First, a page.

Prosecution sought for alleged air force killings in Nigeria


Nigerian community leaders demanded the air force be prosecuted for alleged attacks on villages in the north-eastern state Adamawa, which they say killed 78 people.

Human rights campaign group Amnesty International said at least 35 people were killed in air raids in the region on December 4. The Nigerian Air Force rejects the allegation, saying it opened fire to dissuade looters and vandals and did not target people.

The allegations highlight some of Nigeria’s security challenges, which have become politically charged less than a year before an election. President Muhammadu Buhari is touring affected areas, including the state where 110 schoolgirls were abducted last month but will not visit Adamawa.

Residents of Adamawa villages described being fired on by a fighter jet and military helicopter as they attempted to flee while hundreds of herdsmen were staging a revenge attack on the communities for earlier killings over grazing rights.
“We call for national and international criminal investigation to commence prosecution of those responsible for this crime,” representatives of six villages said in a joint statement.

They said more than 78 people were killed by Nigerian Air Force jets and 20 by herdsmen.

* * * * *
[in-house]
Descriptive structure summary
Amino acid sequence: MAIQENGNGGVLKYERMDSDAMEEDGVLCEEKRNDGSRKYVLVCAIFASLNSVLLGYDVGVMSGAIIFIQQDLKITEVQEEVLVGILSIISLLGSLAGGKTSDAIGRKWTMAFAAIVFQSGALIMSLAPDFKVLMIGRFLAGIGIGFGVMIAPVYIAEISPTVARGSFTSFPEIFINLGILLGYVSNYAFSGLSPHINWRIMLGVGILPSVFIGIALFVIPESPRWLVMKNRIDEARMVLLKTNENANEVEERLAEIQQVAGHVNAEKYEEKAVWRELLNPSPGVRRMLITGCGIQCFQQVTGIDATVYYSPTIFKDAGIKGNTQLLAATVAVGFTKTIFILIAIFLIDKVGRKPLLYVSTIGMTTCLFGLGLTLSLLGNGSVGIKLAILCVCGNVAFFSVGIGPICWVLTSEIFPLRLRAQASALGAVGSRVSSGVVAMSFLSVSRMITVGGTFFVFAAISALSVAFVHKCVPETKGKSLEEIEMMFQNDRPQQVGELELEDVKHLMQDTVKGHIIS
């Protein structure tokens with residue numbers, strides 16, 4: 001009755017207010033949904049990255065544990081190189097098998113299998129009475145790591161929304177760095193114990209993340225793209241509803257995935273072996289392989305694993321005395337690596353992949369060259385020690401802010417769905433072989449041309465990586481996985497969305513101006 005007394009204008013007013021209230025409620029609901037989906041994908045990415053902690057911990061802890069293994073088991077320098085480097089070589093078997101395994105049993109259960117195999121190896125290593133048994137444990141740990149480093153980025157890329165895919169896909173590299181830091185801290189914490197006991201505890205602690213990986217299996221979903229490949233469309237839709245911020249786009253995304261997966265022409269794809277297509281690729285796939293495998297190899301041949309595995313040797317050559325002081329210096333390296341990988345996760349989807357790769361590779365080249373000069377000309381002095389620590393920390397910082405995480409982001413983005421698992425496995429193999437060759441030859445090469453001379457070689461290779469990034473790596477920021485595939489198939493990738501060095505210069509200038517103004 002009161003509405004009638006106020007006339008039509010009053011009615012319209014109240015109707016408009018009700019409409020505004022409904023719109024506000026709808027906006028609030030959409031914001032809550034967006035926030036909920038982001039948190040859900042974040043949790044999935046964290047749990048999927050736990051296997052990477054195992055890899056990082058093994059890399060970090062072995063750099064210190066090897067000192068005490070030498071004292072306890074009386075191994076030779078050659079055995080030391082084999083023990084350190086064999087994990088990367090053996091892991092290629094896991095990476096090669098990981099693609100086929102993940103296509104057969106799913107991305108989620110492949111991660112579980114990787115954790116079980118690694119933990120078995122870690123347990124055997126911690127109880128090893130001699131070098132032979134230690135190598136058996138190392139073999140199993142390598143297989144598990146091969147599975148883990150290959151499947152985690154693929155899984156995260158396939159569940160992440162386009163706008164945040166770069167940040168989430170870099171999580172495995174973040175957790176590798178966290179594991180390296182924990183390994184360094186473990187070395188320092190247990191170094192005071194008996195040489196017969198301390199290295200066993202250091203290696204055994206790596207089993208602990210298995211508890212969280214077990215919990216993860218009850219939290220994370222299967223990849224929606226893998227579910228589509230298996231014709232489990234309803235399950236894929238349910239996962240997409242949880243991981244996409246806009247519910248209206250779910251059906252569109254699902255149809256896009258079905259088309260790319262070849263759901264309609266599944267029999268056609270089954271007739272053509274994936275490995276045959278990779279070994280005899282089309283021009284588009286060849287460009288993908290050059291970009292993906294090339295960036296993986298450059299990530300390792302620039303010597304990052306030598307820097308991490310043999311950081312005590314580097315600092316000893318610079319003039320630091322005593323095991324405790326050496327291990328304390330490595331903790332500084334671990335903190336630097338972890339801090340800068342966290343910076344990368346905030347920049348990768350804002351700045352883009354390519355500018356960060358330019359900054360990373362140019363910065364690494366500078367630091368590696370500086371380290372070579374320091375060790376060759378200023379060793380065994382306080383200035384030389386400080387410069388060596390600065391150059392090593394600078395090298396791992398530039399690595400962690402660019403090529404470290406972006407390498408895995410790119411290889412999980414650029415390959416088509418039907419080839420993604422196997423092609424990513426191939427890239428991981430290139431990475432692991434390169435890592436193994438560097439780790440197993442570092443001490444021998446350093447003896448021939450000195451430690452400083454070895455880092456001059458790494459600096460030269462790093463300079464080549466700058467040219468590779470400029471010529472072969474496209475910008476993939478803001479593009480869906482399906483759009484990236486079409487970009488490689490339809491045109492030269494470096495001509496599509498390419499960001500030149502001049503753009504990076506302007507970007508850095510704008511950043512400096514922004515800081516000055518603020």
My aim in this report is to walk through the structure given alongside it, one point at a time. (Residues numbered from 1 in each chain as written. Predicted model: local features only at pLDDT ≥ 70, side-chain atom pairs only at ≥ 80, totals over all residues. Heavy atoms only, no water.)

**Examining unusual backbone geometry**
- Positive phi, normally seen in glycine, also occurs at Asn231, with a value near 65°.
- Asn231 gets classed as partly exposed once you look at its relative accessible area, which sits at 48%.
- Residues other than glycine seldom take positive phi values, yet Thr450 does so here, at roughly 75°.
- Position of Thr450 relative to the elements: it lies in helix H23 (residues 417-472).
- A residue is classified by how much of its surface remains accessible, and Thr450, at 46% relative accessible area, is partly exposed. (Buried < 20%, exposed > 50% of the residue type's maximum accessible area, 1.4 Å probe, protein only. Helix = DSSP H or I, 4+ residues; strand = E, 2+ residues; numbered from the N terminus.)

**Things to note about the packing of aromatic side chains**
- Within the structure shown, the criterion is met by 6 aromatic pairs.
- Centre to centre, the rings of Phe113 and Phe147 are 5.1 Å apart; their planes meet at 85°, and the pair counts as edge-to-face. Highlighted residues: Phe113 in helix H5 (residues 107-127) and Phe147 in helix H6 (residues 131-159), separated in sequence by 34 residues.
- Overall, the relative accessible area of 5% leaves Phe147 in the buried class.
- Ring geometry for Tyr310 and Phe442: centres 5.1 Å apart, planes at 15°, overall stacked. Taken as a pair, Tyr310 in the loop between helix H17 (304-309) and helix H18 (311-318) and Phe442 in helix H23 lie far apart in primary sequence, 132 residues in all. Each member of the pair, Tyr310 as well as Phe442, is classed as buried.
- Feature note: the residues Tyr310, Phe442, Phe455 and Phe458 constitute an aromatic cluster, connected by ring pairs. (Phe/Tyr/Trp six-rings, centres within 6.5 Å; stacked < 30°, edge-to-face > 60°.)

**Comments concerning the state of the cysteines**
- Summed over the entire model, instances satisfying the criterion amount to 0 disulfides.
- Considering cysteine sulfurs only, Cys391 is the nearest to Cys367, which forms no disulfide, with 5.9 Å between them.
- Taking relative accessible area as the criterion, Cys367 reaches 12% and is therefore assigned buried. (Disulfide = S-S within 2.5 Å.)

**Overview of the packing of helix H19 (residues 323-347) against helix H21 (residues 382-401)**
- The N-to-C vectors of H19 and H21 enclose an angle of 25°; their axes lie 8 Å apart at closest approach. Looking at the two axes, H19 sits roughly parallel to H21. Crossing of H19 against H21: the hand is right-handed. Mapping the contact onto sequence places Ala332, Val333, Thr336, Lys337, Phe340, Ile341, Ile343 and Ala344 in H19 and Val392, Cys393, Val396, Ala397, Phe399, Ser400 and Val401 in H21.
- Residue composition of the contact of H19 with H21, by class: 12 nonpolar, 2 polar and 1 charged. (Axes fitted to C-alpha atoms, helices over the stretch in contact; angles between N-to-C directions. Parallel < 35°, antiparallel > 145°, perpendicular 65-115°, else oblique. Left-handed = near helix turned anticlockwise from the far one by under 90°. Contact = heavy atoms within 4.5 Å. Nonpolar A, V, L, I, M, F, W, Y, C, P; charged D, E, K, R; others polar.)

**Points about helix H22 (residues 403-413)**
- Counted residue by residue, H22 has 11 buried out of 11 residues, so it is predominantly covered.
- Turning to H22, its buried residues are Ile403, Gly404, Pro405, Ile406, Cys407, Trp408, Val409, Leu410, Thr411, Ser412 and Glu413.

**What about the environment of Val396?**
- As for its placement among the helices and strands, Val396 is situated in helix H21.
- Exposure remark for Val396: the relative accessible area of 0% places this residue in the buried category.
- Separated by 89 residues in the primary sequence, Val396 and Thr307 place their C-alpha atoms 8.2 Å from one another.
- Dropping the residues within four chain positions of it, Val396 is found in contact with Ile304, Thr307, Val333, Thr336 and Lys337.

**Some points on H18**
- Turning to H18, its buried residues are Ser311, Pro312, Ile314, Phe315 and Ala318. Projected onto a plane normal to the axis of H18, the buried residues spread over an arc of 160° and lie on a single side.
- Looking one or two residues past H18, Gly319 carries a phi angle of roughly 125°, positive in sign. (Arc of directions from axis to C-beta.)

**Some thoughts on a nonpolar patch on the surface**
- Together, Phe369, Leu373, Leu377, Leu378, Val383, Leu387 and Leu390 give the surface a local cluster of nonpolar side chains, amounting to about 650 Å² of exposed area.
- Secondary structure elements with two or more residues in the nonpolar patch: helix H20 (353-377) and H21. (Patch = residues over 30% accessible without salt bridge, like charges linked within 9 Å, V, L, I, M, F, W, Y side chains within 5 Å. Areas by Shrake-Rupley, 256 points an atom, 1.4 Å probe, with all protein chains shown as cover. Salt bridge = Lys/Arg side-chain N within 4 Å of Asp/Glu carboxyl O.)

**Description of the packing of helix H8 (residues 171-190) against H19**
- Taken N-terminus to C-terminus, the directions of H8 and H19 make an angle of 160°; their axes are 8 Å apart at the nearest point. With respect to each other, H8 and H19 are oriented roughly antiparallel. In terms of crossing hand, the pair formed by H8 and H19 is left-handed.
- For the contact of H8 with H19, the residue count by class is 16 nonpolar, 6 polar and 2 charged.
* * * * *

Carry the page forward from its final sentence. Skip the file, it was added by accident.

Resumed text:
“We want the Nigerian Human Rights Commission and international community to know the Nigerian Air Force excessively used force unlawfully in its air raids on our villages,” read the statement, presented at a news conference in the state capital, Yola.

Following Amnesty’s report, the air force denied it had bombed any locations in the region or fired at people. It said it was unaware of human casualties.
“Our position remains as captured in our earlier response to Amnesty International,” air force spokesman Olatokunbo Adesanya said.

US Secretary of State Rex Tillerson is due in Nigeria this week for a visit expected to focus on security.

Nigeria is in the final stages of buying fighter planes from the United States. The deal was halted by the previous US administration over concerns about the military’s human rights record, but was revived by the Trump administration.